Reproductive health is a major concern of health services for immigrant workers worldwide. To be able to understand contraceptive behavior and responses to service, an area in southern Thailand with 1,475 immigrant construction workers was selected for study. Among them, 406 married women of reproductive age were studied. An active family planning service using a special group of providers of the same ethnic origin as the immigrants was conducted during the study period and the effect of the service on contraceptive practices four months later was measured. Initial contraceptive prevalence was 72.9 percent. Oral pills (70.3) and injectables (21.6) were mostly used. Age of women, number of living child, accessibility to health services and size of construction camps were inversely associated with use. Ethnicity was also related to use in large camps. The contraceptive use rate was higher among Mon than other ethnic groups in large camps. Migrant life barriers were strong determinants in controlling fertility. Perception of barriers and ability to overcome barriers was associated with differences in use among different ethnic groups. The abortion rate was reduced from 29.5/1000 woman-yr to 14.8/1000 woman-yr by the intervention. The incidence rate ratio is 0.5 (with 95%CI 0.04- 4.36). The effect of special service was not significant on contraceptive practices for all respondents. However, among the relatively higher educated group, injectable method users and those with an unstable residence were more likely to discontinue. Previous switchers were less likely to discontinue. Injectable method users and previously short duration users were more likely to switch. Women staying in less accessible camps were more likely to be new users. High rates of contraceptive use and switching highlight the need of special family planning services in order to be able to maintain the use rate and through good counseling among the workers.

icon Abstract (93.05 kB)


Some Indirect Techniques to Estimate Maternal Mortality in Nepal

Tika Ram Aryal

This paper outlines some indirect techniques to estimate maternal mortality based on the sex ratio of mortality (for ages between 15 and 49). The model proposed by Bhat, Navaneetham and Rajan (1995) is modified by assuming the sex ratio of mortality (excluding maternal deaths) equal to unity. The proposed procedures provide a consistent estimate of the maternal mortality ratio (MMR) for Nepal and also for Bangladesh. The different procedures provided an estimate of MMR between 490 to 1030 deaths per 100000 live births corresponding to the observed value of MMR of 539 deaths per 100000 live births for the period of 1990-96 for Nepal.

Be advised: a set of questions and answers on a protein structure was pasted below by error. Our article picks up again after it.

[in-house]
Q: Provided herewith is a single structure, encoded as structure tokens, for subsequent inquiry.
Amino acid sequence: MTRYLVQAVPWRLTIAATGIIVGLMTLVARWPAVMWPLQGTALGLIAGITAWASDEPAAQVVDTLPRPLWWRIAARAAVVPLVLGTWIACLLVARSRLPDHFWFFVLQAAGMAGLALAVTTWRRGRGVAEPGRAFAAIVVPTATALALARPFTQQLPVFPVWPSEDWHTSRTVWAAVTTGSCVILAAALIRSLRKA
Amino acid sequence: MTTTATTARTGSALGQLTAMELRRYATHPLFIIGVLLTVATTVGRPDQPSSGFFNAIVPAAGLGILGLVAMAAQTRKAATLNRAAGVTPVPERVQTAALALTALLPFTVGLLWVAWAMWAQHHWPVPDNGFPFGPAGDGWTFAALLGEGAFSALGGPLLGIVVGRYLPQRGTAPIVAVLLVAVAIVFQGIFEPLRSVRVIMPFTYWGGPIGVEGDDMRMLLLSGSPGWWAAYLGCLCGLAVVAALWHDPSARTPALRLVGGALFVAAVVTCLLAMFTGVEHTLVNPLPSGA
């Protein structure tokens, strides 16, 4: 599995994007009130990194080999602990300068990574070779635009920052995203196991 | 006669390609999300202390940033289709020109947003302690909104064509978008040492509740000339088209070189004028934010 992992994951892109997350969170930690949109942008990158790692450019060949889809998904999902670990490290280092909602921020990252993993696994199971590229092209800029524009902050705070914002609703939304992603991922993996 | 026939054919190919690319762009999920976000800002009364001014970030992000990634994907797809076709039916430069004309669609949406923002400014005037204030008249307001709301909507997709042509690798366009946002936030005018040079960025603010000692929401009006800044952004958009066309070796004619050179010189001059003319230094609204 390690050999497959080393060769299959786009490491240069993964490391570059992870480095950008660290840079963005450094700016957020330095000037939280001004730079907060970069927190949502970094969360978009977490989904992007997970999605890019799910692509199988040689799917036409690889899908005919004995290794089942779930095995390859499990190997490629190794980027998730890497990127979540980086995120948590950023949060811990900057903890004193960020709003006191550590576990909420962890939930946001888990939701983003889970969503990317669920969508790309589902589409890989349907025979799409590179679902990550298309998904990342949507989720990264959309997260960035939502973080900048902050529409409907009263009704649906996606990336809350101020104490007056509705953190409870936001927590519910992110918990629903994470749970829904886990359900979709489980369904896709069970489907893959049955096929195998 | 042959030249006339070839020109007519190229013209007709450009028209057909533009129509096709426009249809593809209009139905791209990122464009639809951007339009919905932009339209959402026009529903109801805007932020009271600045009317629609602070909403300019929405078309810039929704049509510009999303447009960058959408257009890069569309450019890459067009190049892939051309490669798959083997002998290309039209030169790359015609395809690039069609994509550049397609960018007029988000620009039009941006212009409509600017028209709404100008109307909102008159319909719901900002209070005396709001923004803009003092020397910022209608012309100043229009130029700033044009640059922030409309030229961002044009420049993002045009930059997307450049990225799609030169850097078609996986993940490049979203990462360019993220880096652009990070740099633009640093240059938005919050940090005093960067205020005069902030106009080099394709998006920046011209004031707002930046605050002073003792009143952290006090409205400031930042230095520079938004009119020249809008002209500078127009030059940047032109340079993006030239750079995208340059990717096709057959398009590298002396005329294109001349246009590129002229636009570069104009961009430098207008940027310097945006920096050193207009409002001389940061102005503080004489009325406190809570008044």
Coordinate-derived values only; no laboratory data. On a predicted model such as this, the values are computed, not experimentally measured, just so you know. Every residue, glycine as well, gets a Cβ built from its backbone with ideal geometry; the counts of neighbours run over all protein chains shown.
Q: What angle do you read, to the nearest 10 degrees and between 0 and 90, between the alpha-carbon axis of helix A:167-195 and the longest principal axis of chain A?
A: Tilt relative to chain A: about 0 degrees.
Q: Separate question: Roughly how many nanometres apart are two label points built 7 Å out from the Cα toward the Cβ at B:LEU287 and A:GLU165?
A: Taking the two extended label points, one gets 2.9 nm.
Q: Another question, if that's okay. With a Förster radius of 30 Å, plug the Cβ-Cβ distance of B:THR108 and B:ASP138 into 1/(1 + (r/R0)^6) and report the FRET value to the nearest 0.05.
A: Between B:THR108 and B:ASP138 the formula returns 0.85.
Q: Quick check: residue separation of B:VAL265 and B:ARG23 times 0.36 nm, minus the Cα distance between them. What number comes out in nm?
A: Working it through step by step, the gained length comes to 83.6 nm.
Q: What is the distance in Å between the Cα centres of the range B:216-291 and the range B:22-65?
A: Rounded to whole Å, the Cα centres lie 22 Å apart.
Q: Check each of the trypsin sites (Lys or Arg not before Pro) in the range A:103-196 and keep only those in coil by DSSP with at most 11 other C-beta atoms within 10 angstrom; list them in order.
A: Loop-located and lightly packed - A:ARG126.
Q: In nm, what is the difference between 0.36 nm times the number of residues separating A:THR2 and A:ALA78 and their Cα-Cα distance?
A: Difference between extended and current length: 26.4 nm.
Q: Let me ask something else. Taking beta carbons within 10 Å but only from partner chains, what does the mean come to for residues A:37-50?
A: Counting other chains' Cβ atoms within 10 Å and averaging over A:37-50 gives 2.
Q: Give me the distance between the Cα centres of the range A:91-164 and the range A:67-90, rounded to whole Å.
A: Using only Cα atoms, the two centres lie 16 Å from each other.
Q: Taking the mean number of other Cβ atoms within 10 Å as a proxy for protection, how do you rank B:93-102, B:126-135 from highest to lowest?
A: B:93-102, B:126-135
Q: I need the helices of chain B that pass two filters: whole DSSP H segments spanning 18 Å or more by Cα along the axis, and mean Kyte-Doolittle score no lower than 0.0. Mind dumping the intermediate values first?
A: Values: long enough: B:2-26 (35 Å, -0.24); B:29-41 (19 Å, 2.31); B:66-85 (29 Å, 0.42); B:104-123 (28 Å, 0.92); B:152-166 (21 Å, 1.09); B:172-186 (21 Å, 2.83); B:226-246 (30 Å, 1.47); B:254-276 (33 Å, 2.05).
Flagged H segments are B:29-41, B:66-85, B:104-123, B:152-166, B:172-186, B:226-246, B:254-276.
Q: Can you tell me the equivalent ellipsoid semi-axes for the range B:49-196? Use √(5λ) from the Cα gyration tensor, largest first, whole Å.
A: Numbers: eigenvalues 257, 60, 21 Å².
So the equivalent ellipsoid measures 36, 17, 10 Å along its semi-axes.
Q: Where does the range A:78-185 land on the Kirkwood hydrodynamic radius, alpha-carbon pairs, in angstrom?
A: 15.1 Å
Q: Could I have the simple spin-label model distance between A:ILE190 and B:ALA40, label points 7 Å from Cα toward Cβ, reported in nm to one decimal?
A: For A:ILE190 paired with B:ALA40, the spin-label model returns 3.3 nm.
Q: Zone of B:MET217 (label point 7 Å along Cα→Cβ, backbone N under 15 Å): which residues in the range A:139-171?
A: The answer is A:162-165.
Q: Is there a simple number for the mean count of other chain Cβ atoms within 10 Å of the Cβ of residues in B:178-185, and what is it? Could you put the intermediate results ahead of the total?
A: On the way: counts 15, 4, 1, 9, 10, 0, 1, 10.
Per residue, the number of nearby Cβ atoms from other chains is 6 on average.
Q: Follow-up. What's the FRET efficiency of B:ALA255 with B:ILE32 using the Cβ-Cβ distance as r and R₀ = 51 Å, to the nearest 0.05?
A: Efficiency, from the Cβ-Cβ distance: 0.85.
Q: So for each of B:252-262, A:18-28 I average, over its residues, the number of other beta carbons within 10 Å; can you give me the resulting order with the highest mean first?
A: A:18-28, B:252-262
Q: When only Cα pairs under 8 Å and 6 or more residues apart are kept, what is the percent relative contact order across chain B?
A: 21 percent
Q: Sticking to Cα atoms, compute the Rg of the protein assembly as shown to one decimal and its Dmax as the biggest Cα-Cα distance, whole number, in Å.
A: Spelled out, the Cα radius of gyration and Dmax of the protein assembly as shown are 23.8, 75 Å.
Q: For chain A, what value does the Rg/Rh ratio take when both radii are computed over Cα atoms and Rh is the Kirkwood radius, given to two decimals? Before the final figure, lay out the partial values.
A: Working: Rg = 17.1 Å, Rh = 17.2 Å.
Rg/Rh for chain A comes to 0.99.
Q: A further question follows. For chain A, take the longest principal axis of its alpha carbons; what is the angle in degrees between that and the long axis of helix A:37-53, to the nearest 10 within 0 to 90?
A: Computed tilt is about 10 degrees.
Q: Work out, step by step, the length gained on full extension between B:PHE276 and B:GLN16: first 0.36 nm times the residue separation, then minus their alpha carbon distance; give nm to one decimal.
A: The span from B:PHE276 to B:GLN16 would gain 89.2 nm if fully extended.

icon Abstract (73.33 kB)


Predictors for Quality of Life of Pulmonary Tuberculosis Patients in Yunnan Province of China

He Chaoyang, Virasakdi Chongsuvivatwong, Alan Geater

Tuberculosis (TB) is an important chronic infectious disease. However, quality of life (QoL) of these patients has rarely been studied. We recruited 150 acid-fast bacilli (AFB) sputum-positive TB patients from Kunming and Xishuangbanna of Yunnan province in China to test and validate a TB patient QoL scale (TBQoL). The scale includes 24 items among 6 domains after principal component factor analysis and necessary modification. The uniqueness of each item is lower than 0.6 and Cronbach's alpha of each domain is greater than 0.7.

For multiple regression analysis, QoL of TB patients is associated with marital status, education, occupation, religion, ethnicities, income and payment style; family income has dose-response relationship with most of domains of the TBQoL. Patients with low income have worst QoL that need more attention. Low education TB patients have poorer social support and poorer relationship with doctor, thus the care provider should be aware of this problem.

icon Abstract (80.54 kB)icon Fulltext (178.4 kB)